Student Specification of Numerical Parameters
The -answer- and -wrong- commands make it easy to specify a list of anticipated responses each of which (due to the specification of synonymous and optional words) can allow the student considerable latitude in,/ the way he or she phrases his or her response. However, in some cases there can be no list of anticipated responses and a different technique must be used. For example, you might ask the student to specify a rocket's launch velocity and use his or her number to calculate and display the rocket's orbit. Or you might ask the student for his or her name for later use in personalized messages such as “Bill, you should look at Chapter 5.” In such cases, all you can anticipate is that the response will be a number or a name, but you can't possibly list all possible numbers or names.
Here is an example of such a situation. We will provide the student with a desk calculator accessible on the DATA key. In the desk calculator mode the student can type complicated expressions (such as “2+63”) and receive the evaluated result. (Students also have access to a similar calculator mode by typing “TERM-calc”, which is a built-in PLATO feature.)
The -store- command will evaluate the student's expression (e.g., “13sin30°”) and store the result in “eval” (in this case, the number 6.5). The -store- command is a judging command because it operates on the student's response and can be executed only after the student initiates judging by pressing NEXT. The -ok- command is a universal -answerwhich matches all responses, and unconditionally flips TUTOR from the judging state to the regular state. In this example, it accepts any response and enables the following -write- to display the evaluated result. Note that a student need not use parentheses with functions. For example, sqrt25, cos60°, arctan3 are all legal. However, such expressions are illegal in a -calc-. In a moment we'll see another way in .which TUTOR is more tolerant of students than of authors. What if the response cannot be evaluated, such as “(-3)1/2” or “19/” or “(3+5)))”? In this case, the student will get a “no” judgment. To see how this works, let's insert a -write- statement after the -store-:
Notice that this new -write- is normally skipped because the -store- leaves us in the judging state. But, if the student's expression cannot be evaluated, -store- makes a “no” judgment and switches us from the judging state to the regular state. TUTOR then executes the “write Cannot evaluate!”, after which it encounters a judging command (-ok-) which stops the regular processing. Note that -store- terminates judging only on an error condition, whereas -answer- terminates judging only on a match, and -ok- always terminates judging.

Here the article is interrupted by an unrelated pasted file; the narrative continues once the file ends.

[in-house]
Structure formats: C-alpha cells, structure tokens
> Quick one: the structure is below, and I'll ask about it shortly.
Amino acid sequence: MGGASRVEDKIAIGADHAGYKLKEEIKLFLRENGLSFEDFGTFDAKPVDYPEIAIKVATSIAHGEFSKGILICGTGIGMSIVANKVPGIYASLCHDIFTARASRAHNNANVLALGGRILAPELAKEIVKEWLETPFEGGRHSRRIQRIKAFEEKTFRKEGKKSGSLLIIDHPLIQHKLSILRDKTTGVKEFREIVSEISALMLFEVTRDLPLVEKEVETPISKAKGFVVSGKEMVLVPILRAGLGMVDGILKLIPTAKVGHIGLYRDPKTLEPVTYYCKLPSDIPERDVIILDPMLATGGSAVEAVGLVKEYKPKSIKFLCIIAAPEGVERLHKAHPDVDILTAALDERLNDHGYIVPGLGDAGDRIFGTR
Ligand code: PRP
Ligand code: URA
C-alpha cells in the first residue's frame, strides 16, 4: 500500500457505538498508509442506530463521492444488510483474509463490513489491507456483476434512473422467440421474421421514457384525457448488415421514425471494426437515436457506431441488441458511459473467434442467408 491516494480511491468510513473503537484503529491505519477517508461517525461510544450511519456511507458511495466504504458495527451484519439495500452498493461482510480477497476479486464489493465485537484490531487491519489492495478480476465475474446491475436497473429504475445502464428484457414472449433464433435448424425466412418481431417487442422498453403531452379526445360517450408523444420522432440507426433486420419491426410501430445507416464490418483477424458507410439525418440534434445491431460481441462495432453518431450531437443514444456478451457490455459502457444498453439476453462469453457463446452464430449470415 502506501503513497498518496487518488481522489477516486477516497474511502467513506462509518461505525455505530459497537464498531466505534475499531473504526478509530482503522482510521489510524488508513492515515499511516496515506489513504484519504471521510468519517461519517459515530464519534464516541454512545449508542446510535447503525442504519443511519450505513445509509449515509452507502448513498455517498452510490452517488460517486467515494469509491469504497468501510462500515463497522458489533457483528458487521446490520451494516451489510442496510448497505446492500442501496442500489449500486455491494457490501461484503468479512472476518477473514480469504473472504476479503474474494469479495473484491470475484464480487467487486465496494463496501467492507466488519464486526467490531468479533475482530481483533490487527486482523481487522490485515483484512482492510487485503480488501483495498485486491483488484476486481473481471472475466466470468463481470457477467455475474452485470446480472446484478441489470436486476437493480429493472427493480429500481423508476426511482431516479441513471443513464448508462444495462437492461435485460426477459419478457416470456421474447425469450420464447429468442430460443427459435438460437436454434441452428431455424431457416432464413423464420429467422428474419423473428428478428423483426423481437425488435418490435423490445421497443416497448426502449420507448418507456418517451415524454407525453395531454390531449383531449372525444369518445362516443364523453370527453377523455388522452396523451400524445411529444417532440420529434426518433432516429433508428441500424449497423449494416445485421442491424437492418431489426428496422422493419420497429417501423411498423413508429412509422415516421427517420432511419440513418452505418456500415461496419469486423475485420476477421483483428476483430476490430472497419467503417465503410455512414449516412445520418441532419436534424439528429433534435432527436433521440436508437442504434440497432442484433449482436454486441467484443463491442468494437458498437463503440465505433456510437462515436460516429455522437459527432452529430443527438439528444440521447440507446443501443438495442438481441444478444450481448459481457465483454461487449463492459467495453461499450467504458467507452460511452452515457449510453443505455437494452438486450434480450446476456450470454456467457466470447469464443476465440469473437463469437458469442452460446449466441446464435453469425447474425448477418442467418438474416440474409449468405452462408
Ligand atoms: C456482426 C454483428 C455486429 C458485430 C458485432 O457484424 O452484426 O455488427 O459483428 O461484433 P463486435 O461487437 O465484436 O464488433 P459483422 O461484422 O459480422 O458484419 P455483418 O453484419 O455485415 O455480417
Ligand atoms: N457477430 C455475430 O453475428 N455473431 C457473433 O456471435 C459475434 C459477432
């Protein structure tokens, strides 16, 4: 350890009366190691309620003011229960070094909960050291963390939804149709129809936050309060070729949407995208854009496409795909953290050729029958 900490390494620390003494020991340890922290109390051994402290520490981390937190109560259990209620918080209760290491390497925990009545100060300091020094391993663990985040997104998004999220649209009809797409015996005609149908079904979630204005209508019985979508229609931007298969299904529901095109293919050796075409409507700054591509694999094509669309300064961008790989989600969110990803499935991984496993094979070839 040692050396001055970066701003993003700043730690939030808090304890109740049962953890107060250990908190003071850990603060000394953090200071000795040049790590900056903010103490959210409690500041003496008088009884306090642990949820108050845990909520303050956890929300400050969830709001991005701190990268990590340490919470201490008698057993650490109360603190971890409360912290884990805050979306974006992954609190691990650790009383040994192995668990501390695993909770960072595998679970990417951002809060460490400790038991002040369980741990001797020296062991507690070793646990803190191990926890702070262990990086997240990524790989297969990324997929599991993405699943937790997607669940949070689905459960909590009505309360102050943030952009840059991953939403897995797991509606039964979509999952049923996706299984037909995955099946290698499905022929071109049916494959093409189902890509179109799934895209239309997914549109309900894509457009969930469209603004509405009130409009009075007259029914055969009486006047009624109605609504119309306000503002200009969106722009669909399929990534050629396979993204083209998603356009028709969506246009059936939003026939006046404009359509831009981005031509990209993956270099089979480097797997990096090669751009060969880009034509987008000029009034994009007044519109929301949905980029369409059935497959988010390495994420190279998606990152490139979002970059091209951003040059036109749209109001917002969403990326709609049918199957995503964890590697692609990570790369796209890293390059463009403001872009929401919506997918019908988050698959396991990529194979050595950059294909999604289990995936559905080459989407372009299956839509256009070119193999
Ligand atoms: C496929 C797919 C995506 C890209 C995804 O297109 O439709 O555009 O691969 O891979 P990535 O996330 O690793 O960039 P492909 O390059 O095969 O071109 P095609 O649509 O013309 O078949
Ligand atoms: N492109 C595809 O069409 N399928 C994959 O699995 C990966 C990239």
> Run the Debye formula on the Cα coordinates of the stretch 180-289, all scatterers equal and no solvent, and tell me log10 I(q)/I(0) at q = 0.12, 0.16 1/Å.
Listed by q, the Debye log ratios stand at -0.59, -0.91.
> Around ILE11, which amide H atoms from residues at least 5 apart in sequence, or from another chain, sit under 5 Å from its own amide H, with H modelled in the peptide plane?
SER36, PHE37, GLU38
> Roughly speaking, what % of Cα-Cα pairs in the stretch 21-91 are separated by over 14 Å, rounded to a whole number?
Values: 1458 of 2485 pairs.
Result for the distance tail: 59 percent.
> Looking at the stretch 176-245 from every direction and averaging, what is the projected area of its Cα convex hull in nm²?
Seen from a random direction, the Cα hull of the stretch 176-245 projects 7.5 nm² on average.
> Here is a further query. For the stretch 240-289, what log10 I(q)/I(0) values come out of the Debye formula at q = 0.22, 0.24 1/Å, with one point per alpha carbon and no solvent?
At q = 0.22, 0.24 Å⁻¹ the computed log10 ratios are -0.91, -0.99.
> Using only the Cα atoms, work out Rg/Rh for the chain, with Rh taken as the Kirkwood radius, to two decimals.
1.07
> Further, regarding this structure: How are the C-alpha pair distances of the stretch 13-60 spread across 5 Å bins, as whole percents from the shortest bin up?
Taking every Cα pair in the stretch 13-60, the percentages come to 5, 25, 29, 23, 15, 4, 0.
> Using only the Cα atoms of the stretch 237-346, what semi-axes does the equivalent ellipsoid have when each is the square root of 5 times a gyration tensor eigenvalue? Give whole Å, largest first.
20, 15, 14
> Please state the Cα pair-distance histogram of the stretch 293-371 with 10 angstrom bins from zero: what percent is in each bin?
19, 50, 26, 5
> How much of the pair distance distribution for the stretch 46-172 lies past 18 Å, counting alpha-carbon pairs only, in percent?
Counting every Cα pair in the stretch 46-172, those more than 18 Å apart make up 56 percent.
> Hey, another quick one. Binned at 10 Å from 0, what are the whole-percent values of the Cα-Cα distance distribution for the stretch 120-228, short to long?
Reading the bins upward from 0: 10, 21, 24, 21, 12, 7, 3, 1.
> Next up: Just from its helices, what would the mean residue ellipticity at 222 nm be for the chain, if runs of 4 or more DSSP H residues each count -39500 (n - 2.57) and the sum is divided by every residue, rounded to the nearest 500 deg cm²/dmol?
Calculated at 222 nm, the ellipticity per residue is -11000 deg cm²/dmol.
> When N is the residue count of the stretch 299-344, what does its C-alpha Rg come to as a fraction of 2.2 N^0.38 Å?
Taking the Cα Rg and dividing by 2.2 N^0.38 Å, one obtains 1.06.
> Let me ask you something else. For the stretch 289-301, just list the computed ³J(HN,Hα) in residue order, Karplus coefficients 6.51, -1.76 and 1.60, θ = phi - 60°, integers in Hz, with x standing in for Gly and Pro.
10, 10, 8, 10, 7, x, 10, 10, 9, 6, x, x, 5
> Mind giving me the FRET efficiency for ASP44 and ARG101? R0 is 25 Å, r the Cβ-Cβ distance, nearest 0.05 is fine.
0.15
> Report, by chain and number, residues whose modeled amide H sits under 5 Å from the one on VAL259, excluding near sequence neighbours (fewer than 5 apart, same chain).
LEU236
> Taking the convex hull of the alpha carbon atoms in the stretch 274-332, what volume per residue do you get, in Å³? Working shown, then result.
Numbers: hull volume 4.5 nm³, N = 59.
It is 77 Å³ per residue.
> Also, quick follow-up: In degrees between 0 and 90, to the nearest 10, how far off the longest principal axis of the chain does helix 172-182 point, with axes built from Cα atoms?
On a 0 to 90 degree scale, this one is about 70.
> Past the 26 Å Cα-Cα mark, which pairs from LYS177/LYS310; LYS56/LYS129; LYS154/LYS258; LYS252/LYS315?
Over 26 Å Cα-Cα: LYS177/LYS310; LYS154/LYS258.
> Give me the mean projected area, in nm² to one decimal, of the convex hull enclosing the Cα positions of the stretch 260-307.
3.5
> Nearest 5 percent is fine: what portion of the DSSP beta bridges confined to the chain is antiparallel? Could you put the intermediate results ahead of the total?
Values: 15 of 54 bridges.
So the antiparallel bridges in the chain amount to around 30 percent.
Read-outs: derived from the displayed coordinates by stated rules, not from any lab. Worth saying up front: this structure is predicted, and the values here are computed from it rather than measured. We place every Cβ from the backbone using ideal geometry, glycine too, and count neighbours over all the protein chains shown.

You can tell the student precisely (in a -writec- statement) what is wrong with his or her expression by use of the system variable “formok”. This variable is –1 if the student's expression can be evaluated but takes one of several positive integral values for specific errors such as unbalanced parentheses, bad form, unrecognized variable name, etc. The variable `formok“ is defined automatically to perform this function. (If you yourself define “formok=v3” you override the system definition and you won't get these features.) The particular values assumed by “formok” can be obtained through on-line documentation at a PLATO terminal.
You can also give the student some storage variables. Let's define a couple of variables for the student:
Place these defines ahead of everything else in the lesson. Suppose you do a -calc- to assign bob⇐18 and cat⇐3. If the student types “2bob” he gets 36. Or he can type “bobcat” and get 54, whereas bobcat would be illegal in a -cafe- where you would need bob x cat or bob(cat). Only names defined in the set of definitions labeled “student” may be used by the student in this way. Attempted use (by the student) of names in your other sets of defines will give a value of “formok” corresponding to “unrecognized variable name”.
We have discussed a desk calculator, but clearly the store/ok combination will work in any situation where we let the student choose a number. Another good example is in an index of chapter numbers:
(As previously mentioned in Chapter 5, it would be better to execute the -base- command only after deciding to jump, so that the student could still use the BACK key to return to the original unit.) The -long- command following an -arrow- (but preceding any judging commands) sets a limit on the length of the student's response. The “long 1” is particularly useful here because the student need not press NEXT but has only to press the single number to begin the judging process. (For -long- of greater than 1 there must be an accompanying “force long” statement or else a NEXT key is required.) The -long- command must precede any judging command since the “long” specification is needed before the student starts typing (whereas we proceed past the judging command only after the student enters a response). The -long- command may be thought of as a kind of modifier of the -arrow- command, in the sense that the -arrow- sets a default maximum response length which is overridden (or modified) by the following -long- statement.
The -no- in this index unit is similar to an -ok- command in that it unconditionally terminates judging, but the -no- command makes a “no” judgment. If “chapter” is a number from 1 to 4, the -jump- will take the student to his chosen chapter. (Since -jump- erases the screen the “no” will not be seen.) If, however, “chapter” is not in range, we fall through the -jump- to an error message, and there will be a “no” next to the response (and the student must try again).